NewsJagger Eaton

Jagger Eaton, Cory Juneau Helped Introduce The World To Olympic Skateboarding

by Karen Price

Jagger Eaton poses on the podium following the men's street finals at the Olympic Games Tokyo 2020 on July 25, 2021 in Tokyo.


Jagger Eaton strolled onto the late-night television stage wearing a pinstriped suit and shiny black boots, and sporting a hairstyle that host David Spade described as a wide mohawk.
And no, this time the 20-year-old from Mesa, Arizona, who became the first American to win an Olympic medal in skateboarding didn’t have his AirPods in his ears.
“I just cherished the moments,” the bronze medalist in men’s street skateboarding told Spade, the guest host of “Jimmy Kimmel Live.” “It was so fun to be in Japan. Japan put on such an amazing contest and such an amazing event. Coming home and getting back to reality is a little different because reality as I know it is a little different now.”
Isn’t that the truth.
Eaton and Cory Juneau were two of the athletes that introduced many around the world to skateboarding when the sport made its Olympic debut at the Olympic Games Tokyo 2020. Between the youth of the competitors, the camaraderie they showed and the incredible tricks they performed, it was a successful debut indeed. Viewers were fascinated, and both Eaton’s and Juneau’s medal-winning performances earned them a whole new slew of fans. 
A quick rundown of Eaton’s Instagram shows:

• A photo of him holding his medal with Kevin Hart and Snoop Dogg in the background
• Video of him throwing out the first pitch at an Arizona Diamondbacks game
• Photos and video of him in New York City for a “Today” show appearance as well as a helicopter ride over the Big Apple
He also posted video of him skating down the sidewalk with a pair of young fans (and giving them a moment they’ll always remember), writing, “These 2 rippers came out to see me on the @todayshow this morning and I couldn’t help myself but to skate a little with them!! Always beyond grateful for the support!!”



On “Jimmy Kimmel Live,” he talked about breaking his ankle in the semifinals of the last competition before the Olympics, and having to skate injured in order to make the team, as well as growing up in Arizona. His mom is Shelly Schaerer, a member of the U.S. national gymnastics team in the 1980s, and Geoff Eaton, and they ran a gymnastics school when he was young. After he and his brother started skateboarding, they built ramps anywhere they could find space at the facility, he said. That morphed into the Kids That Rip (KTR) skateboard school.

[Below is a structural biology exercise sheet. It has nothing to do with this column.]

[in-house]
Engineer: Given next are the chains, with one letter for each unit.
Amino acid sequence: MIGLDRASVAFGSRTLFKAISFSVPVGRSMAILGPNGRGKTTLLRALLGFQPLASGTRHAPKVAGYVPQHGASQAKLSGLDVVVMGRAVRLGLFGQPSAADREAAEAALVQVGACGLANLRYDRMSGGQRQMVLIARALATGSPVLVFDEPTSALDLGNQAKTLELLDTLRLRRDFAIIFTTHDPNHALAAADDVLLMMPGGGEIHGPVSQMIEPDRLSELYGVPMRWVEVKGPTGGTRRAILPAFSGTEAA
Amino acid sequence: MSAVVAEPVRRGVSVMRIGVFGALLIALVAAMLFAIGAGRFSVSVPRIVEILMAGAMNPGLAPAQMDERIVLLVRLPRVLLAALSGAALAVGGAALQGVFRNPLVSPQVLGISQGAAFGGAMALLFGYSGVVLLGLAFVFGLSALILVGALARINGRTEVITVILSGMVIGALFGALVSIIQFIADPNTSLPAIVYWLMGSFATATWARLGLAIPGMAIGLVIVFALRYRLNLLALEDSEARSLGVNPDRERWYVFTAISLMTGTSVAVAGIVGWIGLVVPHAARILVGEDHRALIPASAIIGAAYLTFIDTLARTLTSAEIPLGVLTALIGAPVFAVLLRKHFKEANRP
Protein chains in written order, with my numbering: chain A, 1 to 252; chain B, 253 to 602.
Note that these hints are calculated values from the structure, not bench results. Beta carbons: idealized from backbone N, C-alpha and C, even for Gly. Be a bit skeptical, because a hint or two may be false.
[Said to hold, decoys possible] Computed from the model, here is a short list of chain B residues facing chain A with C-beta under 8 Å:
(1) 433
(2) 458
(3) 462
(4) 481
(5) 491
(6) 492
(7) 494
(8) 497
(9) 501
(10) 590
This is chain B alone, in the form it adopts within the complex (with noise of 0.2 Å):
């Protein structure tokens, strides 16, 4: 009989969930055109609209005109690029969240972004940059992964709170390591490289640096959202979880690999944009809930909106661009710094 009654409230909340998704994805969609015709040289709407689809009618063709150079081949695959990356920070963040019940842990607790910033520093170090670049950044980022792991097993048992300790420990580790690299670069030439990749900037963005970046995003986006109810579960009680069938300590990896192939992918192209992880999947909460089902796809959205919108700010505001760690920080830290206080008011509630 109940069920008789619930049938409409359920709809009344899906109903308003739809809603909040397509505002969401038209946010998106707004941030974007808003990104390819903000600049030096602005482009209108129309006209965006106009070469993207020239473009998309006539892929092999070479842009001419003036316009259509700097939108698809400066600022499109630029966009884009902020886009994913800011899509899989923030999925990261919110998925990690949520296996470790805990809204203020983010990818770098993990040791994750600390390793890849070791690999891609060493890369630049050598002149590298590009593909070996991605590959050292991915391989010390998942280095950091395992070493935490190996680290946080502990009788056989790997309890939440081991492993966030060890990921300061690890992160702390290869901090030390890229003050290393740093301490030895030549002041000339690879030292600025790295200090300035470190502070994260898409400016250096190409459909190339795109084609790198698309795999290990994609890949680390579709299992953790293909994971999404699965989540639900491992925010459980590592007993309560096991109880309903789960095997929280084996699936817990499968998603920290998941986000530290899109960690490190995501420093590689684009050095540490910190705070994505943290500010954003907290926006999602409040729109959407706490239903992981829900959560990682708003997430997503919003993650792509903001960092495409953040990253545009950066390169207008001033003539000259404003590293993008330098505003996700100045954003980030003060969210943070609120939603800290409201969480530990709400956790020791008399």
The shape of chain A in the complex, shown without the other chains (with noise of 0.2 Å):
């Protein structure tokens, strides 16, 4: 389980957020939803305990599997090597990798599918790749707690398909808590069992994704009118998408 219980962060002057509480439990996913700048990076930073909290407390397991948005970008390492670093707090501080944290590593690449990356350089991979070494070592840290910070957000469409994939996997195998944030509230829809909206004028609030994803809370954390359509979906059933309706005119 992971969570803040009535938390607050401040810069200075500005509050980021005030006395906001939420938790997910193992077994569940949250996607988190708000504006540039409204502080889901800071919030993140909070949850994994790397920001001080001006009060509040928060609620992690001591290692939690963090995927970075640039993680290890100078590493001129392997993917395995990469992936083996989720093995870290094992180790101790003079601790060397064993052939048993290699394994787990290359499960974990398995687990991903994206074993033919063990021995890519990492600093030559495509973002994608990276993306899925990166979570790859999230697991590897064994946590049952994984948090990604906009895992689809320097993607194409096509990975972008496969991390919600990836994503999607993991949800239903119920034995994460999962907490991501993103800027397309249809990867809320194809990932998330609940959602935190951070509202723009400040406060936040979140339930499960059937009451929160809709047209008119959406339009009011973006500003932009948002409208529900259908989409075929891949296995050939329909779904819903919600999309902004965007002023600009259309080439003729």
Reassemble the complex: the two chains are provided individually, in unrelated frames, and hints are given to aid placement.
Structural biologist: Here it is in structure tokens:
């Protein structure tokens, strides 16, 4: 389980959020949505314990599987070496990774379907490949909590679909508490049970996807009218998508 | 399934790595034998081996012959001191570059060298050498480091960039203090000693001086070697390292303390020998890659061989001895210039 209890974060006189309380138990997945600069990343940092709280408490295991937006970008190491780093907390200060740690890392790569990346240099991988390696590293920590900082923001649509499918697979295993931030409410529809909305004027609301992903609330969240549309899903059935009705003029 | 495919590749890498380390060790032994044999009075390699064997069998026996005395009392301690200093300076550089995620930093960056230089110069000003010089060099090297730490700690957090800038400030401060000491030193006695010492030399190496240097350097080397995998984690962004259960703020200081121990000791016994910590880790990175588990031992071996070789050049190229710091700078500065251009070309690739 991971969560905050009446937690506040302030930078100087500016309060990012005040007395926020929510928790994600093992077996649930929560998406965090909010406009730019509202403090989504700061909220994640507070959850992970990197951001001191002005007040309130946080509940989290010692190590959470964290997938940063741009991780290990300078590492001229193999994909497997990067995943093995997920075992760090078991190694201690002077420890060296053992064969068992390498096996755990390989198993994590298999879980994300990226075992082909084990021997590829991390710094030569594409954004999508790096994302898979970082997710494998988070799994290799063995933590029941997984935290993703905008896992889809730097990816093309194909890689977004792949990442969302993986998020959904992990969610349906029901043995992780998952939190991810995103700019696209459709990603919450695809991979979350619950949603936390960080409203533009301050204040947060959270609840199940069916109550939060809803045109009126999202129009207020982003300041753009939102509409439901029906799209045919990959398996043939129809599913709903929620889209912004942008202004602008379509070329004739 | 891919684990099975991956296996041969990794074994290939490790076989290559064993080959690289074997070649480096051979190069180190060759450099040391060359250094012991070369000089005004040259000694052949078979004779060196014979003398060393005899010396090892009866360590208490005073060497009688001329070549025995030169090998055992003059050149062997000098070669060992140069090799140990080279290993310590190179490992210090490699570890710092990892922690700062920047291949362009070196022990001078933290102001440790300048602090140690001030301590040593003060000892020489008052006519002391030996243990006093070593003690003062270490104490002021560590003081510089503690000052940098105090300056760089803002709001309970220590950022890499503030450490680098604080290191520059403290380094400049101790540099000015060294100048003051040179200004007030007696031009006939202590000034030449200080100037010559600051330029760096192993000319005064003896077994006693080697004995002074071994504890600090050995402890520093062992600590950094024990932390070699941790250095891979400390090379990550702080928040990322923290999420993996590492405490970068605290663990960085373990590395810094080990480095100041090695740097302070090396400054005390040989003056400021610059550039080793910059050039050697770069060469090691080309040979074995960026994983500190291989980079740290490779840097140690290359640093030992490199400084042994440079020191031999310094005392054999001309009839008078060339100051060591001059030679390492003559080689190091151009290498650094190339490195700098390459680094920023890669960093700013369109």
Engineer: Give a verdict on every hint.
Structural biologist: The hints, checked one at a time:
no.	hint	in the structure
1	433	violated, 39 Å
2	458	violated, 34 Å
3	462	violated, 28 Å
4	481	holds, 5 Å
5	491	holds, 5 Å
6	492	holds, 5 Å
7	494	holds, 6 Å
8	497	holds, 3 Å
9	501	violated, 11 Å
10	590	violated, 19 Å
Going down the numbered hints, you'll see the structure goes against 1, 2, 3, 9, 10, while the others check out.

Cory Juneau competes during the men's park preliminaries at the Olympic Games Tokyo 2020 on Aug. 5, 2021 in Tokyo.


One of the things about Eaton’s skateboarding that drew lots of attention on social media was the fact that he competed with AirPods. He told Spade that his playlist was “new rap and old country in a cocktail of good vibes.”
“I had to use something to kind of feed off the crowd,” Eaton said. “And there wasn’t a crowd there, which is really hard because I love a crowd, I love the hype. The music really helped me kind of fulfill that.”
Juneau, 22, won the bronze medal in men’s park skateboarding. The San Diego native’s friends call him “sleepy turtle” because he’s so laid back, and he told reporters after winning the bronze medal, “Everyone says I look relaxed when I’m skating and they say I look like I’m not trying. And I assure you I am.”
One of the more memorable moments of the skateboarding competition overall came during the men’s park final. While Juneau won bronze, he was elated for gold medalist Keegan Palmer of Australia. The two grew up skating together, and Juneau said the 18-year-old Palmer is like a little brother. After his winning run, Juneau embraced him with a big smile on his face, and that photo is front and center on his Instagram collection of highlights from Tokyo.
“Wow! The last week has been nothing short of surreal!” Juneau wrote. “I wanna say thank you to everyone. The support from my friends, family and sponsors has been so great and all the messages I’ve been getting have been so lovely! I’m trying to get back to everyone but the past few days have been crazy. hahah. Thanks again! This is unreal.”



Speaking from the “Today” show plaza, Eaton told the show’s hosts that the first two weeks since medaling have not given him a lot of rest. He also talked about how motivating it was to have Tony Hawk there at the Games, even during practice.

That’s when the hosts surprised him with a video message from the legend himself. 

“Your performance was stellar, and get ready for greatness. Have fun,” Hawk told him.

Eaton’s response?

“I need that video.”


Karen Price is a reporter from Pittsburgh who has covered Olympic and Paralympic sports for various publications. She is a freelance contributor to on behalf of Red Line Editorial, Inc.
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